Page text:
Last month, the Supreme Court turned down an appeal from Domino’s Pizza, upholding a 9th Circuit Court of Appeals ruling that the ADA (Americans with Disabilities Act) protects access to restaurants and stores including their accompanying websites and apps. A lawsuit was brought up by a blind individual against Domino’s because their website lacked the software that would allow the individual to fully communicate with it. While Domino’s lawyers agreed that the ADA provision of “full and equal enjoyment of the goods and services … of any place of public accommodations” applied to their brick-and-mortar locations, they did not believe that it applied to their website. This ruling suggests that retailers will be required to make their websites ADA compliant, or risk being vulnerable to a lawsuit.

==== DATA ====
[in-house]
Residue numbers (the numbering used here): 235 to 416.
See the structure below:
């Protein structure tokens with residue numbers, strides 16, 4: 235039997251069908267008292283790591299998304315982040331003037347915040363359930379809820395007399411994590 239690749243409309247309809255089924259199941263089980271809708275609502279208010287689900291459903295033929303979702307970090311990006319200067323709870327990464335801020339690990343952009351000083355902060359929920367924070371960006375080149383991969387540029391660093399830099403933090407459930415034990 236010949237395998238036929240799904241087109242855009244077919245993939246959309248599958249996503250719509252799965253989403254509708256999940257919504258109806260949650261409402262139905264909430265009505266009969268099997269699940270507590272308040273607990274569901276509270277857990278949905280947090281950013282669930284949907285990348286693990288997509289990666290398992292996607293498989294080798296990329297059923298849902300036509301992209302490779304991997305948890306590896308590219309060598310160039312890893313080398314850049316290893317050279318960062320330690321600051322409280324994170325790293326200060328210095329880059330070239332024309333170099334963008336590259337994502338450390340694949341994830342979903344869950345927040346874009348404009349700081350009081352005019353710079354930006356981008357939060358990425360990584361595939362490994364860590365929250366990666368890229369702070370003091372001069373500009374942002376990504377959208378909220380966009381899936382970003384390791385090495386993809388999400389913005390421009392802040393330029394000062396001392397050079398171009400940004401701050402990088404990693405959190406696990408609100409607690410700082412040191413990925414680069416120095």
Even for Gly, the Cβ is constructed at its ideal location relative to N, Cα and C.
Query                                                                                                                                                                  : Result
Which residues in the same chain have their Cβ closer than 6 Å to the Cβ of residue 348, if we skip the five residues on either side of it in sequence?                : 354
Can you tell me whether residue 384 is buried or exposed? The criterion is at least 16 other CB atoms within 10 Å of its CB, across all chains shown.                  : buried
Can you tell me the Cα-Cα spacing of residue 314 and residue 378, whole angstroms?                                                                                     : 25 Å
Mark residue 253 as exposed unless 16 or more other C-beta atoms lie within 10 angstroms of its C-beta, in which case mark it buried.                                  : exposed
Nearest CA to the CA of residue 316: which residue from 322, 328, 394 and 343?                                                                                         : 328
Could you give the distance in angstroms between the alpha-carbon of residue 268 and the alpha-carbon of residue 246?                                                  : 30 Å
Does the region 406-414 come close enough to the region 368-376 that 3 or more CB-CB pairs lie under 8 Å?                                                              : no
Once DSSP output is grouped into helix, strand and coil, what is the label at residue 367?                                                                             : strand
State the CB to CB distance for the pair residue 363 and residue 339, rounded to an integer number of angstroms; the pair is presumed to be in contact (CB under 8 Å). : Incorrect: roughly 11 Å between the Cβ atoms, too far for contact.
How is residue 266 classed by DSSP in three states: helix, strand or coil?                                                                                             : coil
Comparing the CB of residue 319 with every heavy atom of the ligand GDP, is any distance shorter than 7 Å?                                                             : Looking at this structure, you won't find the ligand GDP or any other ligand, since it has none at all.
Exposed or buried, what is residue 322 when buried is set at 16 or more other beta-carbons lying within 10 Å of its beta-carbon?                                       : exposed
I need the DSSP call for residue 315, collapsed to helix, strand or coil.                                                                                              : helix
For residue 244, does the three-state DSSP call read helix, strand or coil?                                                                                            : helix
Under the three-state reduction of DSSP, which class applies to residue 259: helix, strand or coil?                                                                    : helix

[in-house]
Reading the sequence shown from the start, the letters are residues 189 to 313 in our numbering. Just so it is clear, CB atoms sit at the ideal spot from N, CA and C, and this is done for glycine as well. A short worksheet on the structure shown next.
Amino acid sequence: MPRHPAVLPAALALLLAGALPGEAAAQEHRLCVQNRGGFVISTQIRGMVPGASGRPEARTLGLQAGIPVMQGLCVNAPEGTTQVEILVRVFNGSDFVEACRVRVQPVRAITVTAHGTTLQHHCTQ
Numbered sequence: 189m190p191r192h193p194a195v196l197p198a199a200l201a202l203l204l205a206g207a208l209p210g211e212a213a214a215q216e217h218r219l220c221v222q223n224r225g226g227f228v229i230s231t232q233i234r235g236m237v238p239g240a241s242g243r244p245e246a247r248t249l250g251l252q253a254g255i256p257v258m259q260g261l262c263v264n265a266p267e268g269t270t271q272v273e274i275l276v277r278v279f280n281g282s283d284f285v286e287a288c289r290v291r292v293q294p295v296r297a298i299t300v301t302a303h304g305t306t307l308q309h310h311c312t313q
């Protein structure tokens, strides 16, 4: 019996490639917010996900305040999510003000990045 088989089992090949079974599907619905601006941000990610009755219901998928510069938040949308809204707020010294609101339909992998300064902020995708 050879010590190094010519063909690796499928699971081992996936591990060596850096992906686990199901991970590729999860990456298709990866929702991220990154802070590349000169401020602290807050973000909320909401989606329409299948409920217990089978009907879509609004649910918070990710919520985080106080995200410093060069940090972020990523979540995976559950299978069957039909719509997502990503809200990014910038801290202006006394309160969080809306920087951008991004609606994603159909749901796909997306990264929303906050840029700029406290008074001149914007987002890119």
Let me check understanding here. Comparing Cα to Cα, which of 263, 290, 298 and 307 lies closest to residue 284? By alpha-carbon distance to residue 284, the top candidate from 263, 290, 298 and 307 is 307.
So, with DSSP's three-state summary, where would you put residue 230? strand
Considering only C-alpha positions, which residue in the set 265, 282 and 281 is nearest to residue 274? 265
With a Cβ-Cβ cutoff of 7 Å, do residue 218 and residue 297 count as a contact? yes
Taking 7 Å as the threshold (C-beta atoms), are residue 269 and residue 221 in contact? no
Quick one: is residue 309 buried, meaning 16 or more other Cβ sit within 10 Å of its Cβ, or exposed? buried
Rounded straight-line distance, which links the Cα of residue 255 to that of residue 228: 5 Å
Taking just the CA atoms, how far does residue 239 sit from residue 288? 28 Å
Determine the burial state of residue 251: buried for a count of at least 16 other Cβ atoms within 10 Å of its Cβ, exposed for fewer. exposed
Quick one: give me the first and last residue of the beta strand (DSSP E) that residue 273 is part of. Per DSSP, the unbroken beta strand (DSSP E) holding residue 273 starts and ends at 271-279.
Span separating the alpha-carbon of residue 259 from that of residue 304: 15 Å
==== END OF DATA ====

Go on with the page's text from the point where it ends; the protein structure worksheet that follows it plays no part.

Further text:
Hybridge cannot provide legal guidance nor elaborate on the exact intricacies of the ADA or determine exactly whether or not certain websites meet ADA compliance guidelines. There is no clear cut, federally specified direction on how to make websites ADA compliant, but research online can show some common ways businesses address accessibility issues. We do know that ecommerce websites that run on Shopify are ADA compliant. If you sell goods online, you need to investigate and ensure your website/app is accessible and not a potential liability that can expose you to lawsuit.